The Wizard of Oz has become an iconic movie, particularly in gay culture. Many of my gay friends can quote different parts of the film, but the only element that stood out to me as a boy was the field of red poppies. I remember watching Dorothy peacefully fall asleep and then magically wake up to soft snow falling from above. Did a part of my subconscious internalize this foreshadowing of the devastating journey that I would take through my own poppy field many years later?
In my new memoir, Acrobaddict, I describe the first time I sniffed heroin:
We didn’t know how much to do or what it would feel like, even though we’d done opiates before. But this was the source; this sniff would take us all directly back to the enchanted poppy flower.
How many warnings had I received not to drink from the sacred well of the world’s most divine water? I could hear the serpent calling my name from the Tree of Knowledge. How could we know that a single drink would leave us forever thirsty, make us sick and insatiable? How could we know that it would take away our lives, money, and future? That one drop of nectar would never allow us to stop?
Before I sniffed the small line, I saw a future before me: birthdays, Christmas cards, clothing sales, long shifts at work that made me look forward to a weekend, growing old, running with a dog on the beach, a quiet evening with a cup of steeping tea. And from my slow progression upward, out of darkness, I willingly gave it all back. In that moment, leaning toward the table, holding the straw to my nose, I sniffed my new life straight up to my brain. I sniffed hard and heard an angel sigh.
Sniffing quickly turned to shooting, and the heroin high found a velveteen place in my soul that cushioned all the pain created by years of being made fun of for being gay, a failed gymnastics dream, and my own created addictive misery.
Many opioid/opiate addicts, including me, believe that we can use the drug recreationally, without cosigning an entire life to addiction, but heroin has its own agenda. Physically addictive drugs like alcohol, benzodiazepines, and opiates are extremely difficult to recover from because the mind has difficulty listening when the body is sick and in pain. Dope sickness is one of the worst self-created ailments I’ve ever experienced, and I did everything in my power never to cross that invisible line of becoming physically addicted. However, withdrawal symptoms create an illness that only the drug seems to cure, a yellow-brick circle of madness forever trapping you in Oz.
This nightmare can also begin with what seems to be a harmless pill. Prescription drugs seem softer, quieter, and legal. It’s only a pill, after all, manufactured, FDA-approved, and prescribed by doctors. Our culture is already hellbent on taking a pill for everything, which makes the chemicals in these tablets seem safer and less lethal. How could a little white pill cause so much trouble? Many people take prescription drugs recreationally, like Oxycontin, not expecting to get physically addicted, because we all believe “I will do it right; I won’t end up like that; and I know better.” Sadly, these thoughts cannot stop the withdrawal symptoms that inevitably come like a storm in the night. The vicious cycle begins.
What has happened with our youth is that they are becoming addicted to Oxycontin. Once they become physically addicted, they need to use more, but the prescription drug is very expensive, and heroin is cheaper. The rise in Oxycontin users made pharmaceutical companies change the formula, making it harder to abuse it by crushing, sniffing, or melting it to inject, but an addict will always find a way. Now many people who have gotten a taste for the opiate high run to heroin to quench their thirst.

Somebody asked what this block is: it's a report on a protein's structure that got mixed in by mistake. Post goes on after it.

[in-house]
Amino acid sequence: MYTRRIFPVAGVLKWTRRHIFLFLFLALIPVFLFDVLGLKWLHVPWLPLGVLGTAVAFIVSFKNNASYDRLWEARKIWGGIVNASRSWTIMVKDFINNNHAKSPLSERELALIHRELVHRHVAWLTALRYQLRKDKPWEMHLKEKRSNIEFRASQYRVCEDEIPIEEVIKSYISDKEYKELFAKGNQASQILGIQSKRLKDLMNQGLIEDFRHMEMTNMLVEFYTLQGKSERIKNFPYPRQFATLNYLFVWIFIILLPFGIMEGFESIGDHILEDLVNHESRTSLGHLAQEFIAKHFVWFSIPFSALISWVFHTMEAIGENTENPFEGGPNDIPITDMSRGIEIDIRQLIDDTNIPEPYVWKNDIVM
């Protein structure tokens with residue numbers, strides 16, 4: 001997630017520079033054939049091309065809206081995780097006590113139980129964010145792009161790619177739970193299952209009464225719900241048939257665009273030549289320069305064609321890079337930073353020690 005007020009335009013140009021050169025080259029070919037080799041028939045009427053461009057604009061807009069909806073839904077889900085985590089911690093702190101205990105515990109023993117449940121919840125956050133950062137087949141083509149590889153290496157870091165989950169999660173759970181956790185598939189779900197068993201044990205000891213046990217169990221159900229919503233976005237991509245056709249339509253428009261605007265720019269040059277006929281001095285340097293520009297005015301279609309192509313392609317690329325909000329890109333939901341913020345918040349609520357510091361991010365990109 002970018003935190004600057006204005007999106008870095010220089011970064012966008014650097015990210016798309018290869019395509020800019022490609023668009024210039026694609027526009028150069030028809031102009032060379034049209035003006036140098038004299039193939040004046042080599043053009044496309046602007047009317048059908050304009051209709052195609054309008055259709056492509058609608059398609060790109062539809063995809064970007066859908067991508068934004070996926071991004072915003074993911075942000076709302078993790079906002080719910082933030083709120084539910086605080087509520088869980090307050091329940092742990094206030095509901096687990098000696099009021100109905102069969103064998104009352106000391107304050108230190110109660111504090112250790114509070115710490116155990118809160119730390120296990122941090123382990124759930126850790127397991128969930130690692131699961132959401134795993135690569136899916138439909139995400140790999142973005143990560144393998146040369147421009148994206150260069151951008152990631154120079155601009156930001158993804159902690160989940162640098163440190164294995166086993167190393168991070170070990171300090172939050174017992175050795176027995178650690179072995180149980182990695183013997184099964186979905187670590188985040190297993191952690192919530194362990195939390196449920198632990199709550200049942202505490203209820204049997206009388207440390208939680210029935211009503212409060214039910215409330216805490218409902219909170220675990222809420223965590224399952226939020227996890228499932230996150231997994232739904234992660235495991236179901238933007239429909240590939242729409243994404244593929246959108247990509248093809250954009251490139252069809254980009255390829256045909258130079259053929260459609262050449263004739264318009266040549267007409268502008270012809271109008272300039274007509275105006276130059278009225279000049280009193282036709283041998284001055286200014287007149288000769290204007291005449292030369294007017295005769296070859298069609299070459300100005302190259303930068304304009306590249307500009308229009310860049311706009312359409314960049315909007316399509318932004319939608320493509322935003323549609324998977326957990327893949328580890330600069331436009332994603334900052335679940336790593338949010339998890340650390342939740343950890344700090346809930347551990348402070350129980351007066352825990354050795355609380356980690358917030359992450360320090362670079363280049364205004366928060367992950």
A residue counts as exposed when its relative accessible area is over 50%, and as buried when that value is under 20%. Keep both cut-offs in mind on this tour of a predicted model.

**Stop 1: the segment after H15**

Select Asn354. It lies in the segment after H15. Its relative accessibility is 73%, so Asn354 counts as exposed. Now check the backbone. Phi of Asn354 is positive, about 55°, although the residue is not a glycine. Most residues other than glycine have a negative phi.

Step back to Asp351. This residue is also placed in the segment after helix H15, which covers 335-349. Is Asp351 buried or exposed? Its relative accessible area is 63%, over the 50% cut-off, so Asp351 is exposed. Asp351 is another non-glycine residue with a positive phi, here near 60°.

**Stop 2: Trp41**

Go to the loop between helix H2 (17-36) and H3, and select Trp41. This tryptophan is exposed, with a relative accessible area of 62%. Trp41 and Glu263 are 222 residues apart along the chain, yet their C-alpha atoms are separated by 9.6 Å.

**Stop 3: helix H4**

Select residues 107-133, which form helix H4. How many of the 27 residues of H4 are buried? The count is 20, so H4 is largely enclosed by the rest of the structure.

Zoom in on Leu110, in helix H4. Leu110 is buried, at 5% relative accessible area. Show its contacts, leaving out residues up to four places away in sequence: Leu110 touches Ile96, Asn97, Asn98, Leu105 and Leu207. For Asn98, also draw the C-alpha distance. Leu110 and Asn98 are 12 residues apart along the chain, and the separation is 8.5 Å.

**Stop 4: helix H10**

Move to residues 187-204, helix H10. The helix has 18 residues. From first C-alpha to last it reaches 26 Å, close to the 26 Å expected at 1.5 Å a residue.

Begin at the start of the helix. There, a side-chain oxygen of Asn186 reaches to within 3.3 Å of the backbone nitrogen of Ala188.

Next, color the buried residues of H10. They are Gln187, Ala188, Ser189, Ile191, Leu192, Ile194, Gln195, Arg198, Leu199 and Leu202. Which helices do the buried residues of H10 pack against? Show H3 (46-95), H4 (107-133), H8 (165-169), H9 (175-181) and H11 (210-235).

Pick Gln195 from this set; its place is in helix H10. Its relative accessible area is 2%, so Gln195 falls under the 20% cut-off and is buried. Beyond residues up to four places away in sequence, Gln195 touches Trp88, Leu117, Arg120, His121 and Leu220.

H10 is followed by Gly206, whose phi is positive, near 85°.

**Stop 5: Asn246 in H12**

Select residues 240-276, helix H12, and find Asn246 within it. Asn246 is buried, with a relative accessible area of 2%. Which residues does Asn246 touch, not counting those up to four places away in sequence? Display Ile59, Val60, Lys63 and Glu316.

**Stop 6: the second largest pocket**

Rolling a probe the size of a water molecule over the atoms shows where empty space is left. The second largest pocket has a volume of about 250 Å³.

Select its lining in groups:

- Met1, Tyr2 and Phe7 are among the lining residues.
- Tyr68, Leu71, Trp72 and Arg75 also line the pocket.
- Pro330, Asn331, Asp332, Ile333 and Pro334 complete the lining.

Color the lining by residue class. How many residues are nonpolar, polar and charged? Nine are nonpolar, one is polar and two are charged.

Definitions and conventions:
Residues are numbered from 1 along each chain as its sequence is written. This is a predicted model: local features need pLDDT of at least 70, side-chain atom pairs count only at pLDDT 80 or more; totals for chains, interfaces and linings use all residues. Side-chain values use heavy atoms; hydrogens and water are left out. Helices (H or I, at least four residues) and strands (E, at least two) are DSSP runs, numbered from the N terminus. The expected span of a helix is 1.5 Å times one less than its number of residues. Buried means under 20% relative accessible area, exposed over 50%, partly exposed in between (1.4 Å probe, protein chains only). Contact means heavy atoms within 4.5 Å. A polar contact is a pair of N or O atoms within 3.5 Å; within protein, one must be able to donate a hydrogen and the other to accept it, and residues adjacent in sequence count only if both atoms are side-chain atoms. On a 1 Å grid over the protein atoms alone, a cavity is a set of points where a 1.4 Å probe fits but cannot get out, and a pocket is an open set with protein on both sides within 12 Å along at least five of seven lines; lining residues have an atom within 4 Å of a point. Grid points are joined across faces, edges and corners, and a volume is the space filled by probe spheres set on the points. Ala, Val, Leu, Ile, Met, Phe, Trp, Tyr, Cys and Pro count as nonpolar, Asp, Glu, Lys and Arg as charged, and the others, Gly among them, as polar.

Once the addict is physically dependent, it becomes a bloody battle to get the body cleansed and ready to stay abstinent. There are many methods of getting addicts off opiates, such as rapid detox or going cold turkey, but with the withdrawal symptoms, none of these methods is a comfortable air balloon ride. It is difficult, but it’s not impossible; otherwise, I wouldn’t be able to write this today. If I can, you can.
I would like to be able to say that my path with detoxing was simple, but the truth is that it was difficult and painful. Imagine the flu, but not just any flu. Imagine the worst flu possible. Imagine that each breath you take feels like it sends shards of glass tearing through your muscles and joints. Then imagine trying to walk or work or maintain your relationships while living with that pain. It’s pretty close to impossible.
When I experienced being dope-sick, I swore to all of heaven that I would never touch heroin again, but as soon as my body was well enough to get out of bed, I forgot the nightmare I had just crawled through and thought, “Well, I wasn’t that bad, was I?” The temptation for me was so strong that I had to take unusual measures.
After I detoxed for 14 days, I tried a naltrexone implant, a treatment that was not yet FDA-approved at that time. Naltrexone blocks heroin’s effects by covering the opiate receptors, making it difficult for the user to achieve a high. It is put under the skin and lasts for about three months. Some addicts cut out the pellet in desperation, but I didn’t. I tried getting high once and put a ridiculous amount of money into my veins, but nothing happened. I was angry at the time, but in retrospect, that method really saved my life. It kept me away from my drug of choice long enough for the aspects of recovery to sink in. I was able to think more clearly and get a better perspective on the life I was living.
Sadly, I had to do this many times, but addiction doesn’t heal itself overnight, just like I didn’t become addicted in one day. What was most important was that I never gave up. I kept coming back, and I kept trying, knowing that each time might be the time that would keep me clean and in recovery.